Anne Frank and the other names in the digital archives


Jan. 27, 2021 — Today, on International Holocaust Memorial Day, the Anne Frank House participates in the #everynamecounts project and calls on everyone to contribute. The project is an initiative of Arolsen Archives and was set up to build a digital memorial to the victims of Nazism with the help of volunteers from all over the world.

Since its launch, in January 2020, over 10,000 volunteers have digitised over 2.5 million documents. Anyone can participate in the #everynamecounts initiative by digitising the names and biographical data of victims of Nazism, making these names and data digitally searchable. The digitisation process is simple and does not require specialist knowledge.

Join #everynamecounts

Once you log on to the website of Arolsen Archives, you are guided to randomly chosen archived documents and asked to transcribe the names and details from these documents and enter them into the database.

30 million documents

These documents, approximately 30 million in all, including the so-called Red Cross cards, were gathered from the former concentration and extermination camps. The goal is to create the world’s most comprehensive digital archive about Nazi persecution in order to commemorate the victims of the Holocaust and promote respect, diversity, and democracy.

The people from the Secret Annex

The names and biographical details of the eight people who lived in hiding in the Secret Annex have already been entered into the digital archive: Otto Frank, Edith Frank, Margot Frank, Anne Frank, Hermann van Pels, Auguste van Pels, Peter van Pels and Fritz Pfeffer. Their first and last names, dates of birth, places of birth, occupations, if any, and places of imprisonment can now be found in the archives.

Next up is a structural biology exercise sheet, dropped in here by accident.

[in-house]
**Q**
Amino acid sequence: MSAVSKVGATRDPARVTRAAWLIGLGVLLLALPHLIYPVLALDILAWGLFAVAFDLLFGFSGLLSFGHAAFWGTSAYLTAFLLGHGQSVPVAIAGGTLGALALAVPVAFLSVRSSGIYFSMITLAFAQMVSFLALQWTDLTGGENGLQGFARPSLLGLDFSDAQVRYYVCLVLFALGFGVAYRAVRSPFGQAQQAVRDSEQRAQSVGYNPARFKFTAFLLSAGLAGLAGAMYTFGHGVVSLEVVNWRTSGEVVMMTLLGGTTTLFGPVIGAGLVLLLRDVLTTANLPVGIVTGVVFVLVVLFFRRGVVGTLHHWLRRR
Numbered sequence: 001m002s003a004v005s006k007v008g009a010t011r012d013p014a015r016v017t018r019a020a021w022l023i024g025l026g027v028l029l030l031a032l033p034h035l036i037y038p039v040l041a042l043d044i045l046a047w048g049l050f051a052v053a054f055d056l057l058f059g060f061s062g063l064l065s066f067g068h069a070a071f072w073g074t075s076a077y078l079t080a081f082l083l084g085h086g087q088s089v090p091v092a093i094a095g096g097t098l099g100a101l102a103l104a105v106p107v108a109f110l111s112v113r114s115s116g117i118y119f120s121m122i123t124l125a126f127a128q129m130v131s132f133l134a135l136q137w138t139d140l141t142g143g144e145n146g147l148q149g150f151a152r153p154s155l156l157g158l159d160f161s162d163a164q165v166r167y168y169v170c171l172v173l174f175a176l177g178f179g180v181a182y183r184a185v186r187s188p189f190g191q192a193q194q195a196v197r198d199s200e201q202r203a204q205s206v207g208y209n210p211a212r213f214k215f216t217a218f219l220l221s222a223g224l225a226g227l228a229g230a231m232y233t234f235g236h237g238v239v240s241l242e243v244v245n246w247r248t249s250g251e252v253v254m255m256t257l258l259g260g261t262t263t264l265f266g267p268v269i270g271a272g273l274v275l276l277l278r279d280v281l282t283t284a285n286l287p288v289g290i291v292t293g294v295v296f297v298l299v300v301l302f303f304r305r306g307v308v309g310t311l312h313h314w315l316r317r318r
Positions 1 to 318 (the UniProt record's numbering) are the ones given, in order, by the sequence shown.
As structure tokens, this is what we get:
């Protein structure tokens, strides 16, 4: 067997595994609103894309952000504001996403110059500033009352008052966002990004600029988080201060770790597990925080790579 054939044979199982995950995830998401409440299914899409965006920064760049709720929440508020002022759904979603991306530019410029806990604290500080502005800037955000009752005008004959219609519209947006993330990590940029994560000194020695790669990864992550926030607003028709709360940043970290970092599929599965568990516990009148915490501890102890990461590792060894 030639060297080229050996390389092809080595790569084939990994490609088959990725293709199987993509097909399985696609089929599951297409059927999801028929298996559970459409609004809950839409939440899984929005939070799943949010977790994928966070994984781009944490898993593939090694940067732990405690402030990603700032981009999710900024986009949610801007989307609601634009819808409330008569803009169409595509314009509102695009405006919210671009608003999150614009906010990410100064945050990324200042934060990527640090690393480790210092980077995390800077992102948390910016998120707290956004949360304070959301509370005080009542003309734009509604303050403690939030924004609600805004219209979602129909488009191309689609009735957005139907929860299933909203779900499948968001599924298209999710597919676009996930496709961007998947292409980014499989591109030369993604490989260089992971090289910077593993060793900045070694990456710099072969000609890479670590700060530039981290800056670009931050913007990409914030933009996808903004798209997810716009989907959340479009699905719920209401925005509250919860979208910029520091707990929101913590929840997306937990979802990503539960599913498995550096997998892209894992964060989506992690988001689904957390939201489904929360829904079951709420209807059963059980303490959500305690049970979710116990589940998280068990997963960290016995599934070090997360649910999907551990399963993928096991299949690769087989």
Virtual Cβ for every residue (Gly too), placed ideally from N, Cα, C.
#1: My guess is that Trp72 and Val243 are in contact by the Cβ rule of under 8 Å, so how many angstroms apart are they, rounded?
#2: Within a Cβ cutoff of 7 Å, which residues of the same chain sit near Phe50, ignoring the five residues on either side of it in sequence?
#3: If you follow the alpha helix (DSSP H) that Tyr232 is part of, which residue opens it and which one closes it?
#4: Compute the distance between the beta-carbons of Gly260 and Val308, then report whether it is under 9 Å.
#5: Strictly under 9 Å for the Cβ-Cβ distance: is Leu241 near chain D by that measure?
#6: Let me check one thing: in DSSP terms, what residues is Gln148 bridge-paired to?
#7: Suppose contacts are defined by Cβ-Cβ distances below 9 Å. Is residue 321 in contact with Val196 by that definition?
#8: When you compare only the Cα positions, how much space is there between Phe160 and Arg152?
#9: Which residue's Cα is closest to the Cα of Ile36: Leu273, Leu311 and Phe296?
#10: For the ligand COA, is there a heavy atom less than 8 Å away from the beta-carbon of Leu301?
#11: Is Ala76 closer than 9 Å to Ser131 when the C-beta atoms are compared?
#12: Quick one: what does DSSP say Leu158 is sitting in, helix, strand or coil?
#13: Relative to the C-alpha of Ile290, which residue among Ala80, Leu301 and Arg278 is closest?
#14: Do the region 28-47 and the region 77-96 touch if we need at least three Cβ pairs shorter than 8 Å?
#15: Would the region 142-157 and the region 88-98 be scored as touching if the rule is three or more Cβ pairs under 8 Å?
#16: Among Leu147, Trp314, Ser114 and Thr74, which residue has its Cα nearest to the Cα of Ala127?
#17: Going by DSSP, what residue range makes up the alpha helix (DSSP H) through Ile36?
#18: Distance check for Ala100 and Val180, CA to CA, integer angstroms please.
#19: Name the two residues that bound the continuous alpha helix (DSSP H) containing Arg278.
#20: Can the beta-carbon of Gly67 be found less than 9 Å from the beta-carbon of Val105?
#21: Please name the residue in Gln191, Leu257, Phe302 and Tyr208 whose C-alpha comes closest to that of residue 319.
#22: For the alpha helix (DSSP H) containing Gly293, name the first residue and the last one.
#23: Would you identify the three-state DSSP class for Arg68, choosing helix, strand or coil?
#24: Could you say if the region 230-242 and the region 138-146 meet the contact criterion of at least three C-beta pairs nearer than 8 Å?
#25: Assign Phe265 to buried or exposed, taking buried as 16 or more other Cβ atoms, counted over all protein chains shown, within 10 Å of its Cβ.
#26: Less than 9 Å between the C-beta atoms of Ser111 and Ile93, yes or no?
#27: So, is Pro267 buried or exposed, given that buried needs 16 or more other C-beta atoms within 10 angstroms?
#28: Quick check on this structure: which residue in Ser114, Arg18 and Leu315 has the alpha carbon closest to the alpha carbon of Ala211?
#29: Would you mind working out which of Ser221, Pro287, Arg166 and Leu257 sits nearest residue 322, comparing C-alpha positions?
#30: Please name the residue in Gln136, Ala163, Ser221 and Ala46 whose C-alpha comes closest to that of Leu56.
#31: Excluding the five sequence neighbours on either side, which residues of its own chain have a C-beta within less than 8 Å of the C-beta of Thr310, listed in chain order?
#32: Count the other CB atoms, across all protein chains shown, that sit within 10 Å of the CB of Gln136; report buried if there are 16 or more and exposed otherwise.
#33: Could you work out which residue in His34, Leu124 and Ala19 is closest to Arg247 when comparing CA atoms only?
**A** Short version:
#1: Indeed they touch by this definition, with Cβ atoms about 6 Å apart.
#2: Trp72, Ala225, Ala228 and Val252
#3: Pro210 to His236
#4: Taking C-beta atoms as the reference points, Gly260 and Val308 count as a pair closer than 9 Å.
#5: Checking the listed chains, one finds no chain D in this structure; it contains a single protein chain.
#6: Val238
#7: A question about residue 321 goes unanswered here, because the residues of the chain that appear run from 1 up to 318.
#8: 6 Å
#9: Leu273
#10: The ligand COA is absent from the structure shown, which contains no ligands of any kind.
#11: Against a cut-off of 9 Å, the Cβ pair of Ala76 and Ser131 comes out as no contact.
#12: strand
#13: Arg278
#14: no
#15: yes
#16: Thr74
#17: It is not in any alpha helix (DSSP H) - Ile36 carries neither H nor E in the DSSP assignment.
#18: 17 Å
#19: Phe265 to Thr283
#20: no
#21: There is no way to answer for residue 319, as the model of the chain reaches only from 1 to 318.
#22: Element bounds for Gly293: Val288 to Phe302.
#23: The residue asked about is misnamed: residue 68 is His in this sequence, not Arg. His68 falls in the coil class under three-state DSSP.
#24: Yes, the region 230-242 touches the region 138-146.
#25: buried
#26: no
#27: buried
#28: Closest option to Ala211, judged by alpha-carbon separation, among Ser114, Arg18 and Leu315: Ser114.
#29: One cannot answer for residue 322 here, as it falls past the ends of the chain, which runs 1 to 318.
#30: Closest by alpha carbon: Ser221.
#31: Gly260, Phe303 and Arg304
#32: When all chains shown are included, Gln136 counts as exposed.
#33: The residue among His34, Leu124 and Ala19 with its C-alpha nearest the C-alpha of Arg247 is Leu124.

Otto Frank was the only survivor

Otto Frank was the only one of the eight people from the Secret Annex to survive the concentration camps. Hermann van Pels was murdered in the gas chambers of Auschwitz-Birkenau in October 1944, Auguste van Pels died during transport from Raguhn to Theresienstadt in April 1945, Peter van Pels died in Mauthausen on 10 May 1945, Fritz Pfeffer died in Neuengamme on 20 December 1944, Edith Frank died in Auschwitz-Birkenau on 6 January 1945, and Margot and Anne Frank died in Bergen-Belsen in February 1945.

Photo: Anne Frank’s Red Cross card (Red Cross Netherlands)